I guess we live too far on the edge of Lincoln Park. I received a couple of emails about a flyer that was being passed out in the district (but not on my street) warning residents of a new TAX that was going to be discussed at next Monday's city council meeting. The flyer is attributed to John Mendoza, who has run a series of petition drives for various subjects and was a candidate for School Board in the last election.
His scare flyer is wrong on many of the details, although to his credit he did include the notice for the issue.
Monday's meeting actually does include two items of importance to the residents of Lincoln Park as well as the other two districts, but it's NOT a new tax. The Mills Act was created as the main tool by the state to encourage owners of historic properties to renovate and maintain their property in a historically accurate manner. The Act allows property owners to enter into contracts with the city whereby the property will be taxed, not by the value of the property, but as if it were a rental business. This can result in tax savings of up to 60% depending on the assessed value of the property and the rental rates within the area.
In exchange for the property tax savings, the property owner agrees to use those savings to do an approved (within the contract) number of renovation projects. The idea is that this is a win-win as the property owner can use tax savings to improve the property and the city ensures that their historic properties are maintained in a historically accurate manner.
Pomona has had the Mills Act in place for some time. However, the original city version of the act was so restrictive that we only have three current contracts in the city. Pomona's Mills Act requirements were much more difficult than any of the surrounding cities. Pomona Heritage worked hard with city staff to review and revisit the act and to see how it could be improved to make it a better tool for historic Pomona.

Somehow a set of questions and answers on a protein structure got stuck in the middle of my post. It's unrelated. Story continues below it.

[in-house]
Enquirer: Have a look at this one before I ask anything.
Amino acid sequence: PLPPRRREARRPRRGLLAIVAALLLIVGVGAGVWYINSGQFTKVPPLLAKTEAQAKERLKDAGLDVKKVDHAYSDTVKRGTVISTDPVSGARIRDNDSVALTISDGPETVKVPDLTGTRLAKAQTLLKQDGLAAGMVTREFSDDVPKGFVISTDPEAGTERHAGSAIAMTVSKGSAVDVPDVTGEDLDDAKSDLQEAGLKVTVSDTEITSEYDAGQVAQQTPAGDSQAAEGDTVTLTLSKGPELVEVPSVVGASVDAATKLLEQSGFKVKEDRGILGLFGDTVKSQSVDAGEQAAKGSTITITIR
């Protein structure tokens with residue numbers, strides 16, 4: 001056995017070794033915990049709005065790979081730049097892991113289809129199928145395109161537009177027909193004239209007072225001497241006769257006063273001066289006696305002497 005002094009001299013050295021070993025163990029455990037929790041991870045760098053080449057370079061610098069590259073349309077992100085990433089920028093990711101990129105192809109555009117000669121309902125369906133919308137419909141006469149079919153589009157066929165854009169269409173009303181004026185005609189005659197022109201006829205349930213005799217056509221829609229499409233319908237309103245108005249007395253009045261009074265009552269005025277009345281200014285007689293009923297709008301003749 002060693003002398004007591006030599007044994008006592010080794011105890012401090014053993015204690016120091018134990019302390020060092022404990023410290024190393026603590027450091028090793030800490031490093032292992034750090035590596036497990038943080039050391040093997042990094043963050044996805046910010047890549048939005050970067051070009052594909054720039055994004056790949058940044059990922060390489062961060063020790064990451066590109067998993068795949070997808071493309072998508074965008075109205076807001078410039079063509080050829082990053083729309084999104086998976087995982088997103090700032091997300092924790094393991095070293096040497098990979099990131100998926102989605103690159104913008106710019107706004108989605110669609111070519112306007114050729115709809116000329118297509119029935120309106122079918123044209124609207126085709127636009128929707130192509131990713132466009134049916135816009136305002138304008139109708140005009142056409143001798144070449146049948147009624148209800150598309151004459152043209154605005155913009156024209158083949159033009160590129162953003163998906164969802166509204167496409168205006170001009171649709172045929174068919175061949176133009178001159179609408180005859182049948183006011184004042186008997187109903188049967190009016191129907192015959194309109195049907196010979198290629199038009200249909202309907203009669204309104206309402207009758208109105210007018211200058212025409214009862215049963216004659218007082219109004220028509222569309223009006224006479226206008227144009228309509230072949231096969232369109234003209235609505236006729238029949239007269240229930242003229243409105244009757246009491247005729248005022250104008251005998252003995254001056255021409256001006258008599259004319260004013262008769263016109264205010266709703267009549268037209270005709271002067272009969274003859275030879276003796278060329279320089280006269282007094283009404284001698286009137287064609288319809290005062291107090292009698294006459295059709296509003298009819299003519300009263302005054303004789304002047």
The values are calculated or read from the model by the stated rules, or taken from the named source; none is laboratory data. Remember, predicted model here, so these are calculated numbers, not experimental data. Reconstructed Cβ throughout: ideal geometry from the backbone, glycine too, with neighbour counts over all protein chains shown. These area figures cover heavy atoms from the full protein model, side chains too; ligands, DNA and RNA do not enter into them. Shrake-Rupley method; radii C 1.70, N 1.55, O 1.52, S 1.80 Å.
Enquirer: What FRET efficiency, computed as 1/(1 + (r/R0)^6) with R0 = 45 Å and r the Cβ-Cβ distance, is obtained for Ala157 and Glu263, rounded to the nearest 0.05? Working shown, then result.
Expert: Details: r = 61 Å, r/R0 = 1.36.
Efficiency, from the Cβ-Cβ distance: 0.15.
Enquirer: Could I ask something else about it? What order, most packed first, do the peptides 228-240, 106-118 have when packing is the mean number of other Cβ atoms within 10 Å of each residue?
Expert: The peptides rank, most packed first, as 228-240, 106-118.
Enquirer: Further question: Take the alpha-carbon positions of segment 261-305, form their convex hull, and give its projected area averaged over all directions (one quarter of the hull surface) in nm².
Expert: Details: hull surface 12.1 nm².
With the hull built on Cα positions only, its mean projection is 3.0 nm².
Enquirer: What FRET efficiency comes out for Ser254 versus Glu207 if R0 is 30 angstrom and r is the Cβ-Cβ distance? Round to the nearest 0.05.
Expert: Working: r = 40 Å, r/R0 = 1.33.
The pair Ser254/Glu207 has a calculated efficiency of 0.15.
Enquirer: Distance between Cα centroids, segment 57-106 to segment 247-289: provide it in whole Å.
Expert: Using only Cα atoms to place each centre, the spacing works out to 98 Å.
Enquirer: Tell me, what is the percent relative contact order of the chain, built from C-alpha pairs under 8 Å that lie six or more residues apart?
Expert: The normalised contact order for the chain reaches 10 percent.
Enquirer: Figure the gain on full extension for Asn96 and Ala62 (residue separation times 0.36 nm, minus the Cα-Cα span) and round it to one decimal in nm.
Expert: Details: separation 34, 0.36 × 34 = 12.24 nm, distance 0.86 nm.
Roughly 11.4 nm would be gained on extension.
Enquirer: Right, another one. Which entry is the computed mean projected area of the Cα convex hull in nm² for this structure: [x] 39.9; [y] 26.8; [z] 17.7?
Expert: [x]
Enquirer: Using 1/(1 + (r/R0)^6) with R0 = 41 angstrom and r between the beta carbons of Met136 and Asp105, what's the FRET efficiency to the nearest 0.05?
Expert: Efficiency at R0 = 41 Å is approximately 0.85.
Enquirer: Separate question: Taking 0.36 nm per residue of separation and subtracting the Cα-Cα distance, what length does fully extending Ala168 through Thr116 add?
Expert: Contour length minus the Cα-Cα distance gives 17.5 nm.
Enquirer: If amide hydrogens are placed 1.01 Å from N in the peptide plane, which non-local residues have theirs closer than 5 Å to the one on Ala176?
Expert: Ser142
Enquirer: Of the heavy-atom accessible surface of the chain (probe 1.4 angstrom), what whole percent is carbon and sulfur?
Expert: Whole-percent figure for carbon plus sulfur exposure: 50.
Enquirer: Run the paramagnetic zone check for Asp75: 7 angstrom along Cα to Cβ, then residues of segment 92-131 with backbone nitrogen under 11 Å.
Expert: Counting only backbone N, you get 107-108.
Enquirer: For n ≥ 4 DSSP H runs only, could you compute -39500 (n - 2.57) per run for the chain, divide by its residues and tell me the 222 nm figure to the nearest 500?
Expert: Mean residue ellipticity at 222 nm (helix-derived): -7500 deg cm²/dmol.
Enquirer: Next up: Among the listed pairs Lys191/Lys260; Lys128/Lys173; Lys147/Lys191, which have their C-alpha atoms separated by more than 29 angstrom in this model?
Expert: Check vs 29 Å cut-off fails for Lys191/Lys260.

The version of the Act that passed the Historic Preservation Commission will greatly enhance the way that Mills Act contracts are done in Pomona. Monday's meeting does have a twist that had not previously been discussed. Under the current Pomona version of the Act there is no fee. However state law allows cities to charge an application fee to recoup the costs of processing Mills contracts. The City Clerk has determined that cost to be around $2,400. Pomona Heritage is concerned that this upfront cost would be onerous, and hope to argue at Monday's meeting that the fee be more in line with other cities in the area whose fees range from nothing to under $500.
The other issue on Monday's agenda will be the use of alternative materials in the historic districts. This is an issue that was supposed to be discussed in the study sessions that were postponed and then canceled. So this will be the first opportunity that the council will have to hear this issue, and they're planning on voting on a policy.
If you're interested in either of these issues, we hope that you will be at the council meeting on Monday, April 21. Council meetings start at 7:00 pm in the council chambers at city hall.